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SPANGDAHLEM AIR BASE, Germany — Spangdahlem Air Base commanders launched an information blitz on Wednesday to allay fears and educate the public after an Air Force civilian died of a contagious blood infection.

An Air Force doctor held a call-in program on the base’s radio, the theater hosted two information meetings, and school nurses explained the bacterial infection and its symptoms to parents.

Lindsey Ferris, a 26-year-old agent with the Office of Special Investigations at Spangdahlem, died of meningococcal septicaemia Sunday at a German hospital in Trier. Her death came after Pvt. Dave Robbins died of the same blood infection Saturday in Würzburg. Military officials believe the cases are unrelated.

Meningococcal disease can kill a healthy person within hours of symptoms, and commanders and medical professionals are encouraging people to seek medical attention if they suspect they have some of the signs.

“We’re telling people, ‘If in doubt, go in,’ ” said Col. Dave Goldfein, commander of the 52nd Fighter Wing, the host unit at Spangdahlem.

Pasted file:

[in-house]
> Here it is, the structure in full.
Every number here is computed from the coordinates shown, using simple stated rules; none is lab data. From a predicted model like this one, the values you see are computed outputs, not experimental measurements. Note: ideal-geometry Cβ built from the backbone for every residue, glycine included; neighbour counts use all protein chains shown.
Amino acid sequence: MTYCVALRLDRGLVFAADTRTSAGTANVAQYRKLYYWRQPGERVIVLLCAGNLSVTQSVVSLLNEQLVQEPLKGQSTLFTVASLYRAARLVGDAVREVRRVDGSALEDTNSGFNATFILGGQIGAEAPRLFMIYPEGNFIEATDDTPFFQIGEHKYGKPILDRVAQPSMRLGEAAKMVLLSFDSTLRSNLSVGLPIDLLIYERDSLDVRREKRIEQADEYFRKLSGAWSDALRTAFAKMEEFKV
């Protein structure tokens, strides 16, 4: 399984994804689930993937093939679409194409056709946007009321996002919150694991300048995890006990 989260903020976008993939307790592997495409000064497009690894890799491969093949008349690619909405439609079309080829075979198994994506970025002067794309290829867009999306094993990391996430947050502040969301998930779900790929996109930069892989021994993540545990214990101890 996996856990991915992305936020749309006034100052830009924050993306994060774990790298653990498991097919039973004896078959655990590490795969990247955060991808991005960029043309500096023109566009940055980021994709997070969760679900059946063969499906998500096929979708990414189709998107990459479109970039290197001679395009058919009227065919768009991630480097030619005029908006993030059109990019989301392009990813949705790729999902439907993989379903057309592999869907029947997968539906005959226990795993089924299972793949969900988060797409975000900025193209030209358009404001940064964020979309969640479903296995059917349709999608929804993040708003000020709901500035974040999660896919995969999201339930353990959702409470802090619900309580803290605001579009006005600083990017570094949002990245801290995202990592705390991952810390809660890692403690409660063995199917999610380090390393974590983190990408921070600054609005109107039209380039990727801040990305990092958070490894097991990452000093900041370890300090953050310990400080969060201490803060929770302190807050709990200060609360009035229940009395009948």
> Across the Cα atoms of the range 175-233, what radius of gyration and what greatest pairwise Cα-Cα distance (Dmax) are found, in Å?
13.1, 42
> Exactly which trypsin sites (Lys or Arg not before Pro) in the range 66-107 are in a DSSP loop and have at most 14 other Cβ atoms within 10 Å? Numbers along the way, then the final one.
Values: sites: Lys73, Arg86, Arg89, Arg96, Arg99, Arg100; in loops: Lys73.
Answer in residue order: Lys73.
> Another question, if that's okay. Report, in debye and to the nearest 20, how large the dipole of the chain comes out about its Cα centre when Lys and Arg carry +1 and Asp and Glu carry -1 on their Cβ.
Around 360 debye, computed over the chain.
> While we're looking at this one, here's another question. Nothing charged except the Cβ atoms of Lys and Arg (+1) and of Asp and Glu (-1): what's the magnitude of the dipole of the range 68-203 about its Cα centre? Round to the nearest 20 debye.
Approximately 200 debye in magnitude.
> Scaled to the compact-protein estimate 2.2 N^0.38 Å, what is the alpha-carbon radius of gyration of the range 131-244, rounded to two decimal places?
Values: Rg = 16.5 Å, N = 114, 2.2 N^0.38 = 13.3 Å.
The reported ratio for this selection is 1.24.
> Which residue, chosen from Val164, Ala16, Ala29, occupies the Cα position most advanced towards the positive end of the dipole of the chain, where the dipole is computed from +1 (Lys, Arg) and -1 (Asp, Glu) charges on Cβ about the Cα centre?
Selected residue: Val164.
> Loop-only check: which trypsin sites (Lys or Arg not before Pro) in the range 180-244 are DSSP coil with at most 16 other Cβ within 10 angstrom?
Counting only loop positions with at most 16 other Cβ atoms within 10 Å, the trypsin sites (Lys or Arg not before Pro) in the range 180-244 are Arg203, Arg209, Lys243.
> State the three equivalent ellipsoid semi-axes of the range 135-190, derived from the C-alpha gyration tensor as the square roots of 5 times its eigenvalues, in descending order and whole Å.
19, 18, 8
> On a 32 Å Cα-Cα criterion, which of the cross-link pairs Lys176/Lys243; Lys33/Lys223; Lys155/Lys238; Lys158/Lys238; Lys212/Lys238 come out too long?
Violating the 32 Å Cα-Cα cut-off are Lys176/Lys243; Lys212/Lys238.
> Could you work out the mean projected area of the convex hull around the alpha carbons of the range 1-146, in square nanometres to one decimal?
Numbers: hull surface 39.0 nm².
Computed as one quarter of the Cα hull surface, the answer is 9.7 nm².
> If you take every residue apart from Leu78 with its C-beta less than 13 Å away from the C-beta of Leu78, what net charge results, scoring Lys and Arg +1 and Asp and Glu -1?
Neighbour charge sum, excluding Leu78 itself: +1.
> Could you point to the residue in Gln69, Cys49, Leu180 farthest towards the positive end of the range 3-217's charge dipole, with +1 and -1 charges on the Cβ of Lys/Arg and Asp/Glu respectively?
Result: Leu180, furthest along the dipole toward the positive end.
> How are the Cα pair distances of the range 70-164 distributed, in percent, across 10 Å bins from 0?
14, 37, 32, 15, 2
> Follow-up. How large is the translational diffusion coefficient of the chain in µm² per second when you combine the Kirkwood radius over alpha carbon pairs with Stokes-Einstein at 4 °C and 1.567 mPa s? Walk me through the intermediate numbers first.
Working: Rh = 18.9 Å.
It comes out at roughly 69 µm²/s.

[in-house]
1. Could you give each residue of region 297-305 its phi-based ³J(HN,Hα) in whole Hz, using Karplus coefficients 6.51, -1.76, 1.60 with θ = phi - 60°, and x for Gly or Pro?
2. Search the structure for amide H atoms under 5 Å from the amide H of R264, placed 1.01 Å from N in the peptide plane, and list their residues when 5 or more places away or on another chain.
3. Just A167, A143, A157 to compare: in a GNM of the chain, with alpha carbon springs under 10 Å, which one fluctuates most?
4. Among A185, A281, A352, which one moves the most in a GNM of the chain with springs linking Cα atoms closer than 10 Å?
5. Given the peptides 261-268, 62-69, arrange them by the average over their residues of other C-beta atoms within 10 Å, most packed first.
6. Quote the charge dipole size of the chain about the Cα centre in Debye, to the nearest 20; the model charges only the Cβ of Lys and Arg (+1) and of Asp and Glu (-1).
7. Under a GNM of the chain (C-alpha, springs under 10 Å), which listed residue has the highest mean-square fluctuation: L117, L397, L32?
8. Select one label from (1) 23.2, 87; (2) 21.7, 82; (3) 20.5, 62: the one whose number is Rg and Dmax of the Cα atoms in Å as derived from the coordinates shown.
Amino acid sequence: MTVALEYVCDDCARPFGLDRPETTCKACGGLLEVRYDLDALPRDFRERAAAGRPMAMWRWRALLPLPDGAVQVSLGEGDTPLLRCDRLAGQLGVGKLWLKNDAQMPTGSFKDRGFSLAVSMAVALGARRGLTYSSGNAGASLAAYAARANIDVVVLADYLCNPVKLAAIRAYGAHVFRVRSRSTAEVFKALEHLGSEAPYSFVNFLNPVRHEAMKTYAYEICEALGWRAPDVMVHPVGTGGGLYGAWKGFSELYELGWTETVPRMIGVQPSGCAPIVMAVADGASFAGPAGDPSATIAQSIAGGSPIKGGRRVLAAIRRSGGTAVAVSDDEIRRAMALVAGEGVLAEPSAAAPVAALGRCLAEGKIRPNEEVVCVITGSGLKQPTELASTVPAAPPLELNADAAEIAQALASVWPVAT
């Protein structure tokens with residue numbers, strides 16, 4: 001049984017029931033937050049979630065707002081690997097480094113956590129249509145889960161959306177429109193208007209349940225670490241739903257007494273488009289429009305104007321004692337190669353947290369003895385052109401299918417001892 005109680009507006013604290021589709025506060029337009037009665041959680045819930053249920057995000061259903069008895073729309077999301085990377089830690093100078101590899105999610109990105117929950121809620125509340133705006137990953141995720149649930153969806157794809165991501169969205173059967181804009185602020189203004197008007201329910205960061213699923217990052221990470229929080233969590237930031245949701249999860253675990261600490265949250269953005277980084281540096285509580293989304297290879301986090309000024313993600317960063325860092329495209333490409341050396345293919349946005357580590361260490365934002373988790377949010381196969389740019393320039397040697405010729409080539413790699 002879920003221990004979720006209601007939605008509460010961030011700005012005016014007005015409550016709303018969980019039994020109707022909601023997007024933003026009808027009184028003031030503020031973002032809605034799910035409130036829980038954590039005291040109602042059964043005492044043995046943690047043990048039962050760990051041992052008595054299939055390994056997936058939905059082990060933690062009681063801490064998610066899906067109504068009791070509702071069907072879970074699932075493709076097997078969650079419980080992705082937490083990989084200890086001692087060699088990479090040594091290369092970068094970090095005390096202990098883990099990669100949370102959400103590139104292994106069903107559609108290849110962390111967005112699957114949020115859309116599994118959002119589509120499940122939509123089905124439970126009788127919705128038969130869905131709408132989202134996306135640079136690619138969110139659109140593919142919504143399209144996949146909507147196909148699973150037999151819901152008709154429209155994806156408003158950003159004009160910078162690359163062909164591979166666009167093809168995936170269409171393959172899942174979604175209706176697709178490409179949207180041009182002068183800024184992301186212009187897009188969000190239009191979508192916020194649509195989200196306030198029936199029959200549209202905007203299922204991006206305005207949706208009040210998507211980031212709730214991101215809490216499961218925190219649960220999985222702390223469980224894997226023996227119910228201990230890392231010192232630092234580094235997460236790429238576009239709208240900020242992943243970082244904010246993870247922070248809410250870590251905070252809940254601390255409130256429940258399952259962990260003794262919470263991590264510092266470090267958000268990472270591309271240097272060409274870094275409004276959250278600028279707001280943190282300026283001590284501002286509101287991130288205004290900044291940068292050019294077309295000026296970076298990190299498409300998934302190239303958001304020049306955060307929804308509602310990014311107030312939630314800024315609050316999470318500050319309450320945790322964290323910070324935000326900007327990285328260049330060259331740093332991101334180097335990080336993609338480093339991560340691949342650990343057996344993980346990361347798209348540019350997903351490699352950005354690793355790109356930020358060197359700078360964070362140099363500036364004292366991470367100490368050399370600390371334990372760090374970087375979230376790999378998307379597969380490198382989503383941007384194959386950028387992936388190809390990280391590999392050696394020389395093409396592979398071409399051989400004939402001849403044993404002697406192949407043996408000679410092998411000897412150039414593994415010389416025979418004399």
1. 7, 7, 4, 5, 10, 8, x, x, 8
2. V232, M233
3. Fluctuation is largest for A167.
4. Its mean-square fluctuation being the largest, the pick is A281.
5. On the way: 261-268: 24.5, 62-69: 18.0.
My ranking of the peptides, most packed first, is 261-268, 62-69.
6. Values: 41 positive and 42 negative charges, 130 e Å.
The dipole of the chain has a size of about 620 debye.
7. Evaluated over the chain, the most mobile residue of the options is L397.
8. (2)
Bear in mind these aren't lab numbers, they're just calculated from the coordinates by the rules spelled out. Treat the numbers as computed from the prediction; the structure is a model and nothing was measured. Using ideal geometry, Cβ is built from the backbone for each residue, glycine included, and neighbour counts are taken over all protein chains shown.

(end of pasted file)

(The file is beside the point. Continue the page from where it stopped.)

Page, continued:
Although commanders are urging people to be cautious, Army and Air Force officials do not want people to panic and stress the disease is not an epidemic and cannot be passed through “casual contact.”

Army health officials in Kitzingen and Würzburg educated soldiers earlier this week about meningococcal bacteria. On Monday, an Army medical team went to Harvey Barracks in Kitzingen to meet with 360 soldiers who may have had contact with Robbins. At least 90 soldiers were given antibiotics.

The team told those present that a person has to be in “close contact” with an infected individual for an extended period, typically four hours or more, to have a chance of being infected. By Monday night, if no other cases surface, the potential crisis will have passed due to the end of the incubation period.

At Spangdahlem, co-workers and people who had close contact with Ferris, including her German landlord, took antibiotics as a precaution. Air Force officials also notified German health authorities.

Meningococcal disease doesn’t happen often, but it is more prevalent in winter, according to the Meningitis Research Foundation. The disease comes in two forms: septicaemia and meningitis. Septicaemia is a form of meningococcal disease that poisons the blood. Some of the symptoms include a fever, rash, cold hands and feet, joint and muscle pain, lethargy, and abdominal pain.

More information is available at the foundation’s Web site: www.meningitis.org.

Reporter Kevin Dougherty contributed to this report.


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